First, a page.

A damaged screw anchor for an underwater pipeline in the Great Lakes could impact Saskatchewan’s oil production.
On June 18 Enbridge disclosed an inspection of the company’s Line 5 under the Straits of Mackinac revealed damage to a screw anchor support on the pipeline’s east leg, as well as indications of some form of underwater strike to the west leg. The pipeline splits into two parallel pipelines, or legs, where it passes under the Straits of Mackinac. That’s the water passage joining Lake Michigan to Lake Huron. The pipeline supplies oil and propane to refineries in Michigan and southern Ontario.
On June 25, Michigan’s attorney general was successful in getting a court order to shut down Line 5 within 24 hours. A following court hearing was held online via Zoom on June 30, but Judge James Jamo said he would issue a ruling in the coming days.
Michigan’s state government has been wary of Enbridge’s pipelines through the state since a different pipeline, Enbridge Line 6, had a spill in the Kalamazoo River in southern Michigan in 2010. Line 6 was shut down and that resulted in a substantial impact on Saskatchewan oil production. Crescent Point Energy quickly moved to ensure it has crude-by-rail facilities, either in-house or third party, available in each of its Saskatchewan operating areas. The most significant was at Stoughton, but that facility has been in mothballs for several years now.
In recent years, the State of Michigan has been actively seeking to shut down Line 5, particularly since an anchor strike in April, 2018, damaged the pipe. Enbridge has sought to tunnel under the Straits of Mackinac and put a new, replacement pipeline there, but the State of Michigan in 2019 sought to shut down Line 5 immediately.
Asked by email what is the impact on Saskatchewan of Michigan shutting down at least part of that line, Saskatchewan Minister of Energy and Resources Bronwyn Eyre said on June 30, “Shutting down Line 5 clearly limits pipeline access for Saskatchewan crude oil to key markets. Line 5 is an extremely important supply line for refineries in the Sarnia region, and the shutdown will certainly limit the transportation of Saskatchewan crude oil.
“Although the longer-term impact is still unknown, it is anticipated that curtailment, as well as the general decrease in production due to COVID-19, will somewhat mitigate the immediate impact of this shutdown. Our government encourages all officials to continue to work to resolve this issue and allow the resumption of the Line 5 operation.”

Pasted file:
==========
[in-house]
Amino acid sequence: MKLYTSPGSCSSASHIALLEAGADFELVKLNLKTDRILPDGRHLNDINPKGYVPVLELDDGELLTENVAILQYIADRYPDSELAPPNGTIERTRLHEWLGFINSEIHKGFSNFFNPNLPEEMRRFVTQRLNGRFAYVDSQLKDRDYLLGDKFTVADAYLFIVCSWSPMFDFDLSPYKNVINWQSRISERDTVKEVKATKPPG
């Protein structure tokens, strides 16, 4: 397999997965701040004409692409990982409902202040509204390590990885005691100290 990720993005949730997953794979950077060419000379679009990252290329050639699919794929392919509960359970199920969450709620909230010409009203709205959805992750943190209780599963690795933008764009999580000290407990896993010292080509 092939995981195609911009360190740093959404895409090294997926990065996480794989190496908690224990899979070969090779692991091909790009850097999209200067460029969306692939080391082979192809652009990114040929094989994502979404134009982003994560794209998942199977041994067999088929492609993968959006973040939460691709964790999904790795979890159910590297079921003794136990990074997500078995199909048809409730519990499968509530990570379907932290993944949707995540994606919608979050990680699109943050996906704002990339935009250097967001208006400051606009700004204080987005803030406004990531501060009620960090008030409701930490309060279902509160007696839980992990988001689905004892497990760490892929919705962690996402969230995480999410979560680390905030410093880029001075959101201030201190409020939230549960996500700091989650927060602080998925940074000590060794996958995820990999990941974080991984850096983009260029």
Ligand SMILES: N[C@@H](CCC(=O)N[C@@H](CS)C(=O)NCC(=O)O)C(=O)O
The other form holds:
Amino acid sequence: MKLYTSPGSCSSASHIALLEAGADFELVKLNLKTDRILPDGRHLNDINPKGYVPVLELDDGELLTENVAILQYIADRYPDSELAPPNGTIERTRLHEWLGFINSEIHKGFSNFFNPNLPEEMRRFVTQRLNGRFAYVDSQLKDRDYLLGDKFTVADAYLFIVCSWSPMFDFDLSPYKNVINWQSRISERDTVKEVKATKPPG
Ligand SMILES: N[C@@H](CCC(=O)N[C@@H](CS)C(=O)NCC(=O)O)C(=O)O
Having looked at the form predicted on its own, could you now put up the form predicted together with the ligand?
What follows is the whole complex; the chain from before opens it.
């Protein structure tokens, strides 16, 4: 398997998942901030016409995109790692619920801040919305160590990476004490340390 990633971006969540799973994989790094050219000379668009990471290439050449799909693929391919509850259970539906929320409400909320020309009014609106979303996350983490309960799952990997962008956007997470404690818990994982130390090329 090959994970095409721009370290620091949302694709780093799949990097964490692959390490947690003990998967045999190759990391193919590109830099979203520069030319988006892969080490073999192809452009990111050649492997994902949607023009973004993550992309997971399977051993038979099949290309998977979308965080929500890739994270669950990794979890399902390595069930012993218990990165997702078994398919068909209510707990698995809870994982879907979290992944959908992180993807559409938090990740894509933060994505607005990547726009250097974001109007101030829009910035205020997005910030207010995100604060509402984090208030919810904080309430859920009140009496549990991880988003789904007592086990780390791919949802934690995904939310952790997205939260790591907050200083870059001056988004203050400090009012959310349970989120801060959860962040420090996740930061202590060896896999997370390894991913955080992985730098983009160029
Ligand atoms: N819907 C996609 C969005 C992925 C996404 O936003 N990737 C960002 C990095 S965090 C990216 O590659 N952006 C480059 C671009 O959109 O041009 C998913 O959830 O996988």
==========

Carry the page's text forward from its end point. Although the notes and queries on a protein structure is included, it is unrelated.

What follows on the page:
As for a resumption of crude-by-rail, she said, “In the immediate future, it’s unlikely that incremental rail shipping capacity will be needed to transport Saskatchewan oil. However, when the North American economy returns to closer-to-normal, pre-COVID-19 conditions, the loss of Line 5 capacity could have a major impact on crude oil pricing in Western Canada and eventually lead to increased crude by rail shipments.”
The now-defunct proposed Energy East Pipeline would have connected Western Canadian oil production, including that from southeast Saskatchewan, to markets in Ontario, Quebec and New Brunswick.
Asked if this drives home the need for Energy East, Eyre replied, “Our government fully supports any project that would decrease Canada’s reliance on foreign oil imports, provide a direct, all-Canadian route for Western Canadian oil producers to supply Central and Eastern Canadian refineries, and allow Western Canadian oil producers to access global markets via ports in Quebec and the Maritimes. The economic case for the Energy East project was very strong when it was proposed, and it remains strong. It is unfortunate, however, that Quebec, for example, remains firmly against such a project. As a result of the lack of a project such as Energy East, the Irving Refinery has been reduced to transporting Western oil to its Maritime refinery via the Panama Canal. Such desperate measures are unsustainable in the long term.”
NDP critic for finance and the economy Trent Wotherspoon said, “Anytime there's a ruling or a decision that impacts our ability to get our energy products or products to market, it's concerning and this is a concern.”
He noted the rail needs to be used for other products. Wotherspoon said that anytime a safe reliable pipeline is not moving forward, those energy products end up on rail, and that becomes a concern from a safety perspective, among others. “We really need that rail system performing getting our potash, our agricultural products, our grain, and all of our other exports to market.”
“We really do need to have a performing transportation system as a whole,” Wotherspoon said.